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This Day in History

Constantinople Becomes the Capital of the Roman Empire

On May 11th 330A.D. emperor Constantine I officially made the city of Byzantium the capital of the Roman Empire, renaming it Constantinople. He did this to bring the capital of the empire closer to the frontiers, yet within easy defense of her armies. Situated on trade routes between Asia and the west it quickly became a rich and flourishing center, though initially devoid of all of the decorum of the old capital. It would remain as the center of the empire until 1453 when the Ottoman Turks captured the city.

Comments

  1. I love the story of Constantinople, the city that brought silk to Europe. Silk, that magic fibre, whose secret had only been known by Asia up until the time of Justinian, the second emperor of Constantinople. Then around AD 550, two Nestorian monks appeared at the Byzantine Emperor Justinian's court with silkworm eggs hidde in their hollow bamboo staves. Under their supervision the eggs hatched into worms, and the worms spun cocoons. Justinian was in the silk business at last. The Byzantine church and state created imperial workshops, monopolizing production and keeping the secret of sericulture to themselves. This was the reason for Constantinople's great wealth, and the lavish dress of the Byzantine court. Isn't that a wonderful story, I love it, so much of the wealth and power of previous empires was dictated by textiles, and who held their secrets. Actually I might do a post about this on my blog. Tee hee and away.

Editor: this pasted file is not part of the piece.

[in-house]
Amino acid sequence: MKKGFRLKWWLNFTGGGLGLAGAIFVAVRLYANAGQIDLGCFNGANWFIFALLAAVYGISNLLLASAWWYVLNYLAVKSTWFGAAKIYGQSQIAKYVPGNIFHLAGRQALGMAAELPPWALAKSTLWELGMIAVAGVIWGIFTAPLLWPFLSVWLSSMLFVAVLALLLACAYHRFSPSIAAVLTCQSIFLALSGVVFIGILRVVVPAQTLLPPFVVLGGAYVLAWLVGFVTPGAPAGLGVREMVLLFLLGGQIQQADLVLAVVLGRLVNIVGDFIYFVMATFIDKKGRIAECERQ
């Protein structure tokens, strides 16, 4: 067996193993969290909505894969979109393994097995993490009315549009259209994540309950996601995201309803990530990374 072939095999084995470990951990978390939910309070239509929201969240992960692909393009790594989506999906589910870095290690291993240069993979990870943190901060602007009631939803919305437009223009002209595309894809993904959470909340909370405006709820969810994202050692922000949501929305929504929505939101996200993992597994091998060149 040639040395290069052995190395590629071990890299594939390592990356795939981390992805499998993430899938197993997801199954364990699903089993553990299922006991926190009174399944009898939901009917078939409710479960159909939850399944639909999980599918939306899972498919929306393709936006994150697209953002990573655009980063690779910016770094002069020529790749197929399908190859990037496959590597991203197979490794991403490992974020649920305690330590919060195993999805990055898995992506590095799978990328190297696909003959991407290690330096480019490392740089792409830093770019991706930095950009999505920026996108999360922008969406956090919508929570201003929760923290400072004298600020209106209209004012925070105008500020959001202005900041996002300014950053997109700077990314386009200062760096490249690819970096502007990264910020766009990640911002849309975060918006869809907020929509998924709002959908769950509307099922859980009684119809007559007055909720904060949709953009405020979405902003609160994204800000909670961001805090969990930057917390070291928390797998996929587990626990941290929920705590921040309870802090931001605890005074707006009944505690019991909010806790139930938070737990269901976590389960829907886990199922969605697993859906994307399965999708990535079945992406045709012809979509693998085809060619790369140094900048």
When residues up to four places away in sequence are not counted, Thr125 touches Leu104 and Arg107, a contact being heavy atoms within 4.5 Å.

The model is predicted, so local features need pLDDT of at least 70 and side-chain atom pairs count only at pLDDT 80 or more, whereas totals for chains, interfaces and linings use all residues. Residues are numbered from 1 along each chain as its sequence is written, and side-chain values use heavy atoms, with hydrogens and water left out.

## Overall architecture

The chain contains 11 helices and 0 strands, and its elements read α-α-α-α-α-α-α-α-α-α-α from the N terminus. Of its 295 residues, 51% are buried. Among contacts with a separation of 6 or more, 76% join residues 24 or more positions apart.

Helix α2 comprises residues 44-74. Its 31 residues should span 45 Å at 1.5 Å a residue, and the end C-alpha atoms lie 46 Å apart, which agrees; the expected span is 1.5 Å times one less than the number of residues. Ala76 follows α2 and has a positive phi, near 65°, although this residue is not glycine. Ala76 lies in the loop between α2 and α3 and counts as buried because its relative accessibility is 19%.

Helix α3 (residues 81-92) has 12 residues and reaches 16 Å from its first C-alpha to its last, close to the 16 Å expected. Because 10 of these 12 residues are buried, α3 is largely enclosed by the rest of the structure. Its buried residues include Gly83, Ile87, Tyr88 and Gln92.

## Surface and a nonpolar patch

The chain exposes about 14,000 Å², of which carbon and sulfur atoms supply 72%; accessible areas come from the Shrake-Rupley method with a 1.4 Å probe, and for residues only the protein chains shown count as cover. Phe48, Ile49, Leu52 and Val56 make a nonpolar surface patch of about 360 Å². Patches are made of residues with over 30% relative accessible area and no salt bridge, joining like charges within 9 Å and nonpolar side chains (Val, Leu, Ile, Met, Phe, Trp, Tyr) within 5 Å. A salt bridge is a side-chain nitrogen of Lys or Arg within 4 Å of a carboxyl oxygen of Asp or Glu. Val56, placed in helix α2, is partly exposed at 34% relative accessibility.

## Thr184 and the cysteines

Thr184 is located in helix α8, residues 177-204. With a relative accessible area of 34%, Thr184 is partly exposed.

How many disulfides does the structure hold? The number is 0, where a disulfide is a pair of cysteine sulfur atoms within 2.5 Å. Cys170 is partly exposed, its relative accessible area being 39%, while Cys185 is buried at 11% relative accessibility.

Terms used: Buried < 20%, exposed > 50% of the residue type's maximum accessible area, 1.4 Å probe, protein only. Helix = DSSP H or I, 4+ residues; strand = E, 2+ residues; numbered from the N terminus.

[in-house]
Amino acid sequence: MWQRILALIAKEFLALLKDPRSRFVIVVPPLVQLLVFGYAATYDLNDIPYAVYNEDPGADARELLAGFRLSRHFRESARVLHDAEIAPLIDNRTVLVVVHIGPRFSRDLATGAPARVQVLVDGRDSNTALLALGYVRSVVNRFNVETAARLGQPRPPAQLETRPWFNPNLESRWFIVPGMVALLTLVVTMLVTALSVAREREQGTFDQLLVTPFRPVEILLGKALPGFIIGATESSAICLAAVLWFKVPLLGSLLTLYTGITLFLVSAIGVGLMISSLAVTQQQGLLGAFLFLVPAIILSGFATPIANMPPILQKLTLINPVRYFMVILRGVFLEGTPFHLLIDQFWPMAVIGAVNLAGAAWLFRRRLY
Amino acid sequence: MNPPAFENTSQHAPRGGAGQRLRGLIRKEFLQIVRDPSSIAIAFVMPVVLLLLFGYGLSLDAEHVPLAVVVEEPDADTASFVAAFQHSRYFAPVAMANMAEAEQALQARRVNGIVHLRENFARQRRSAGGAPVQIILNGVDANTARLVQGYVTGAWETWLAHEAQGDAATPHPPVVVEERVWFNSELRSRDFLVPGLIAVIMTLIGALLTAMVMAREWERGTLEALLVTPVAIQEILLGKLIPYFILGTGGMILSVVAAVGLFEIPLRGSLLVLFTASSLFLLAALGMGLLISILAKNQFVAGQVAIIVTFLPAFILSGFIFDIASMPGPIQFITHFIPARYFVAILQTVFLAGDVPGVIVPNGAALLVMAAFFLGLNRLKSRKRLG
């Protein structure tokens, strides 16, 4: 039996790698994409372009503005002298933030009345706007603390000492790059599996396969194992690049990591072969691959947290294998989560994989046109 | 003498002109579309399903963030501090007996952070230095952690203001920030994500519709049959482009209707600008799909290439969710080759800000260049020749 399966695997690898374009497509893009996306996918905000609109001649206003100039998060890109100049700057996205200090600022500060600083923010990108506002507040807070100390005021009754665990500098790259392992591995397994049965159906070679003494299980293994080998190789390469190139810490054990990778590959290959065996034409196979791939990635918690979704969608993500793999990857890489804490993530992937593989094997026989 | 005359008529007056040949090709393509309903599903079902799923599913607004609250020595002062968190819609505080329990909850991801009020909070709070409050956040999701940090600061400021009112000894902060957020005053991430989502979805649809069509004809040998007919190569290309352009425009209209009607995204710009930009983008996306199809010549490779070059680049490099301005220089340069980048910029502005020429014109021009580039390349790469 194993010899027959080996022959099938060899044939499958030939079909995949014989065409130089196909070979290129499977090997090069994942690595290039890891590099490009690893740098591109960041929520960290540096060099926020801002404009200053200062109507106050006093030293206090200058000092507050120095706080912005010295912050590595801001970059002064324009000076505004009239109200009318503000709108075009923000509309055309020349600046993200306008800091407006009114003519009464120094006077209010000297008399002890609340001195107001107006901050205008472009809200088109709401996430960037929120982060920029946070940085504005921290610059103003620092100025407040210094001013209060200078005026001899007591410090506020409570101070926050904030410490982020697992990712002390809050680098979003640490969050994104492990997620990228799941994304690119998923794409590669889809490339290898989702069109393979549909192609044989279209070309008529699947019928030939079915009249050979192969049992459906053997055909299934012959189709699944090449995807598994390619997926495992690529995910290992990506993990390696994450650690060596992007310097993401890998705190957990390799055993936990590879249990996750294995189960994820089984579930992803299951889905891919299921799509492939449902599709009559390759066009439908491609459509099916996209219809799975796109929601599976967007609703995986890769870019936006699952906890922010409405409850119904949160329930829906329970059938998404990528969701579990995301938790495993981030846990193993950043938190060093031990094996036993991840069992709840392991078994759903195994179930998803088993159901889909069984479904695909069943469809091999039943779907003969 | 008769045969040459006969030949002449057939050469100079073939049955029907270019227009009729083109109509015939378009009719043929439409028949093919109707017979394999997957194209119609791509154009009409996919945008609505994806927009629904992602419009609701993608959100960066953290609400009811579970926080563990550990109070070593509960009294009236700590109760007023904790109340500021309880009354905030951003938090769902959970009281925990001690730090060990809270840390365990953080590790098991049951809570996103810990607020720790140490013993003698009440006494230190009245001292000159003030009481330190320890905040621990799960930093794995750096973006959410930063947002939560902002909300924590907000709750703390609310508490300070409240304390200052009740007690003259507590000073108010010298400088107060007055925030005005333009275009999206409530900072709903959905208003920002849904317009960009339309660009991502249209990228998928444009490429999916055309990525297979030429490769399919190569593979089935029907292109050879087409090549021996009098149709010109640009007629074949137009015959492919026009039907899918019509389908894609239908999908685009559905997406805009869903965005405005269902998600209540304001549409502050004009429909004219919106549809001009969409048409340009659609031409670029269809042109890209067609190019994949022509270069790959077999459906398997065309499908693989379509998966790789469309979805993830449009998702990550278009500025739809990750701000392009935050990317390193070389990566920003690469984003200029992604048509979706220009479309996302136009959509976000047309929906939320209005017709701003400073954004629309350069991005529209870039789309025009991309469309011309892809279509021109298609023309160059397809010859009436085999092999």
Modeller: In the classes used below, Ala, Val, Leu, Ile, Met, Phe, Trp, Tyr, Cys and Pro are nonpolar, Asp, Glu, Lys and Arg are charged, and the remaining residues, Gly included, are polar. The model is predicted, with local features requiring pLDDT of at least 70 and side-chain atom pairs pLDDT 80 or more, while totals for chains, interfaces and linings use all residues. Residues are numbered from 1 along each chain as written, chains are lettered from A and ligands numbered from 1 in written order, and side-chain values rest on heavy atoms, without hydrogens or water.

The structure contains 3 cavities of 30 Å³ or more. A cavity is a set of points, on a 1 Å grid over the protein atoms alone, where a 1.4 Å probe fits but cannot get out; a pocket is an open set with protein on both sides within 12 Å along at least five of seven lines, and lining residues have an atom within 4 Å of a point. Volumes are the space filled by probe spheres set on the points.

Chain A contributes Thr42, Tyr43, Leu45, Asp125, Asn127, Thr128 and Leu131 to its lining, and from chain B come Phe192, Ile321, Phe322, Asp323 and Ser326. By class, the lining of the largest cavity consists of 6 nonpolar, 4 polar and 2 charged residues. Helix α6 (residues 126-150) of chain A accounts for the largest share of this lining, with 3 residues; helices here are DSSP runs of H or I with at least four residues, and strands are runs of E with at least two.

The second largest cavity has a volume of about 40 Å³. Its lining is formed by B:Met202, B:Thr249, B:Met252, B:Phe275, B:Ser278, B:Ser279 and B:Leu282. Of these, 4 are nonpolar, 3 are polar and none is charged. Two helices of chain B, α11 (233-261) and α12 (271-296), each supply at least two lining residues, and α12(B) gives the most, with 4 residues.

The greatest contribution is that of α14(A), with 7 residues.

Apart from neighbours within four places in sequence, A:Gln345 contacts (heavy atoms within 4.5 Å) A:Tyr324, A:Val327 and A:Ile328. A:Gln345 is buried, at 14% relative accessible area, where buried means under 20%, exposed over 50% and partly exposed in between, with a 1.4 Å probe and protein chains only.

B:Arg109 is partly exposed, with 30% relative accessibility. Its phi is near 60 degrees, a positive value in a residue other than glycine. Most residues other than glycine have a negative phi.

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  2. Hi Zho,

    I also have always loved that story, and it sounds like a great subject for a blog post!

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